9. Edie, What a wonderful post…so full of hope! So happy for you and your son that he has found his calling and is on the path to fulfilling it. My sons are still not there yet and I struggle with huge feelings of failure at times. What gave me hope was this: “Be willing to hold your dogmas loosely and your people closely, always watching for miracles. They usually happen in places of your greatest weakness, when you’re teachable and humble enough to believe in them, when you know how desperately you could use a touch of divine intervention.” I needed that! So thank you!

  10. Thanks Edie, Loved this post! As adults we have the responsibility of attempting to balance our world, and as parents we have the extra responsibility of making it work for our family. Thank heavens we have a God that is loving and faithful who carries us through the journey. I sometimes think we are much harder on our parenting skills than what they should be. God blessed you with the ability to juggle life and give your children love and support. The proof is in the pudding. I understand your wonderful joy, as my son just began med school at the University of Kansas. What a great feeling it was (with many tears) as I watched my son walk on stage and place that white coat on his back. God is great! Congratulations Edie, job well done!

  11. Beautiful! Thanks for sharing. I have Emily ( Jones’ “Serve one another in Love” visible in multiple places in my house to remind me of this.

  12. Thanks for the beautiful blog and wise words. I’m a psychiatrist with two kids under two, and am constantly wrestling with balance, exhaustion and wishing I had more hours in a day. I really appreciated the part about approaching life with awe and being grateful, as well as a servant to others.

  13. My husband and I just moved to SoCal so he could start medical school too. That white coat ceremony was a great reminder as to why we’re about to start this long journey. Even though I’m not a parent sending my son off, my a wife sending my husband off and it’s still a wonderful experience. God sure has blessed us!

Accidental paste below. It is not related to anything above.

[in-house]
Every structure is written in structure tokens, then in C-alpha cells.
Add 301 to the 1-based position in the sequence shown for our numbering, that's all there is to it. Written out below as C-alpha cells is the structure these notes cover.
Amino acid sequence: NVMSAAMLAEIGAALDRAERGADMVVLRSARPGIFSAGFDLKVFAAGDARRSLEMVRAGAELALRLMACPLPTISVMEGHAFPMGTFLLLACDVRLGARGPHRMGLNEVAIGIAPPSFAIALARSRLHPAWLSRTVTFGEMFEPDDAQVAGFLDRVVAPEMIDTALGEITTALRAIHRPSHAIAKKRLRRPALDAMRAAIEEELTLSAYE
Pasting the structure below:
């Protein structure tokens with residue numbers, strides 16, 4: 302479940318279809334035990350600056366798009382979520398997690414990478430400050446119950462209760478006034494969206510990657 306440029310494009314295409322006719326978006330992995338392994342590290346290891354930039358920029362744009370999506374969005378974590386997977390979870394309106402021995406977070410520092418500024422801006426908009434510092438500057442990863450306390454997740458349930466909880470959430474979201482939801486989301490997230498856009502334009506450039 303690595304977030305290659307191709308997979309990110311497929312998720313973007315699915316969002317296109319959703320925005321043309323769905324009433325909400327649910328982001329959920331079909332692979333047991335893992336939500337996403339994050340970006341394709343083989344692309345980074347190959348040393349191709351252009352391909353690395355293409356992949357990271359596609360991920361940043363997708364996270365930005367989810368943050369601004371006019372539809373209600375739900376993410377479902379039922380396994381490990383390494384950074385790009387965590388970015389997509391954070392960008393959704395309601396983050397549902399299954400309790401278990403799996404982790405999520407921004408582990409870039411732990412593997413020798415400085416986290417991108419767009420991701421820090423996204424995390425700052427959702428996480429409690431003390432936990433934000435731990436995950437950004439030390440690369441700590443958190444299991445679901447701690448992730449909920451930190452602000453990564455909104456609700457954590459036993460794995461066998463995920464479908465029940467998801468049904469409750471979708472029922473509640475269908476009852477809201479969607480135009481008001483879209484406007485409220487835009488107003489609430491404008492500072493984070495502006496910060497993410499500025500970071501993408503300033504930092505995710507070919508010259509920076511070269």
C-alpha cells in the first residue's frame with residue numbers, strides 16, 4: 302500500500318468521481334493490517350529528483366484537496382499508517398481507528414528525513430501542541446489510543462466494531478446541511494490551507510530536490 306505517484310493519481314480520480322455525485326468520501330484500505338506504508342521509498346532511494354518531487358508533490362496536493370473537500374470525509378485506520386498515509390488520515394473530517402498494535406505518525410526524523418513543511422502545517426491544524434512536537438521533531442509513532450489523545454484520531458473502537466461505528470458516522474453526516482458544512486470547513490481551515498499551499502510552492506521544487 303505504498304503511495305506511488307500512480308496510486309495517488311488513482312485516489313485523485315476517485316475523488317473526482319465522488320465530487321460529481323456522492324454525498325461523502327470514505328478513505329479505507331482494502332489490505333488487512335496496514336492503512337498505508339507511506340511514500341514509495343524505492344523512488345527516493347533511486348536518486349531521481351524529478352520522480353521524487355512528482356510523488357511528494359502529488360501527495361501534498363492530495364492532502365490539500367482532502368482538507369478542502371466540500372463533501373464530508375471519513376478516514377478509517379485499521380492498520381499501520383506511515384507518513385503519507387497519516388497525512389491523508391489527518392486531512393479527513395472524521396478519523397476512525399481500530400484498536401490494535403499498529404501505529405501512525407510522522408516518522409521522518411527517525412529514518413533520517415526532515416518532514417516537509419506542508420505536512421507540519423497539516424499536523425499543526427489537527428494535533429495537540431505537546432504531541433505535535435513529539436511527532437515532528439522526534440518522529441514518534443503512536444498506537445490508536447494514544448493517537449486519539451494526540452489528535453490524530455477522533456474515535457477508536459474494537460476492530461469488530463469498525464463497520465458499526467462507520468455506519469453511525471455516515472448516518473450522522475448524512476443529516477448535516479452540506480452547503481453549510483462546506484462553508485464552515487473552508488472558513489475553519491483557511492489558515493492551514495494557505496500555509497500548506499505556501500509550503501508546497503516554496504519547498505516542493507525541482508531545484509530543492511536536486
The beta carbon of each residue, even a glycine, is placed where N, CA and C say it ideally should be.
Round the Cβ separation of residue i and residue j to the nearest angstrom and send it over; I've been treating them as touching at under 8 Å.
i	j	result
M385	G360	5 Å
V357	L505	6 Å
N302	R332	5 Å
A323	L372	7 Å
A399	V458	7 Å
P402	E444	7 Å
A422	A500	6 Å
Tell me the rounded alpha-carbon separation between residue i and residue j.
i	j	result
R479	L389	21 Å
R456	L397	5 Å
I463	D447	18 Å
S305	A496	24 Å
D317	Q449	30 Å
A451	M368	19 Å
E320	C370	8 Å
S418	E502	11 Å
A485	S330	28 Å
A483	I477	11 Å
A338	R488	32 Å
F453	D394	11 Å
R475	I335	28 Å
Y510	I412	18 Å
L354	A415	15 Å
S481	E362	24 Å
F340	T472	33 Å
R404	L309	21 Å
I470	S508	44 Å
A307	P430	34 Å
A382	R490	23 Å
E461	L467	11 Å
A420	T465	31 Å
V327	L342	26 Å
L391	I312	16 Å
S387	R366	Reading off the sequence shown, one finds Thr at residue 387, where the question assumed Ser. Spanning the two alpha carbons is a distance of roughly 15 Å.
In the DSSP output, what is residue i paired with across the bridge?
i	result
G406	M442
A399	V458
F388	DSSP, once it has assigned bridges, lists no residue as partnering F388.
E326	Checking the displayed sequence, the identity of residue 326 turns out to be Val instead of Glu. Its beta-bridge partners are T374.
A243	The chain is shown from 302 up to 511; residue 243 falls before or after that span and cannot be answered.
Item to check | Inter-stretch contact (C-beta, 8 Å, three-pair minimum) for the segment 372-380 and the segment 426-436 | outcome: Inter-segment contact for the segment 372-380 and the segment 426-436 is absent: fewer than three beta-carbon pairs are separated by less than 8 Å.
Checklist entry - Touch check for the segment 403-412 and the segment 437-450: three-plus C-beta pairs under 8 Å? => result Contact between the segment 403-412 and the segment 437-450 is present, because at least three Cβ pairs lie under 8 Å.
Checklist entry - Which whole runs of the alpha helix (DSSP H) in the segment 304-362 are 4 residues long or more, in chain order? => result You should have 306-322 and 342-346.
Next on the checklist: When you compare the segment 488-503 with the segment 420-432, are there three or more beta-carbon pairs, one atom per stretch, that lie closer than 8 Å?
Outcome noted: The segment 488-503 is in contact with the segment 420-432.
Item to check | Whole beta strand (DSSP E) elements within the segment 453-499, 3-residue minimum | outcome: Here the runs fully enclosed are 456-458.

14. Ugh. I needed this so much, like right now, today. It’s SO hard right now in motherhood. I have a teenager with asperger’s which means hormones and mood swings PLUS asperger’s that was already a challenge and I just want to QUIT. I have been fighting this feeling all week long and I have failed a million times in a million new ways. I keep thinking my child is never going to turn out alright with a mother like me!! Okay I have to stop now and not cry. But just know that this encouraged me right where I was. Thanks for sharing it.

  15. “Parenting requires more faith than knowledge, more grace than rules, more trust than answers.” Your posts always encourage! I’m thankful that God gives us faith, grace and trust to extend in this way! SANCTIFICATION is God’s work to do, not mine! I needed this reminder before I wake up the troops. Think we may do school in PJ’s this morning!

  16. Edie-
    You are always on target for me (and a lot of others as well it appears :-))
    Thank you so much. I LOVE the picture of the two of you 🙂
    Congratulations Taylor! And I LOVE your bow tie 🙂

  17. My oldest will be 20 in a couple days and so many times I have wanted a “Do Over” with him. Your post has changed my perspective. Many thanks!

  18. love these words. every one of them true.

    “They usually happen in places of your greatest weakness, when you’re teachable and humble enough to believe in them, when you know how desperately you could use a touch of divine intervention.”

    I know this is true in my case…he uses my weaknesses daily.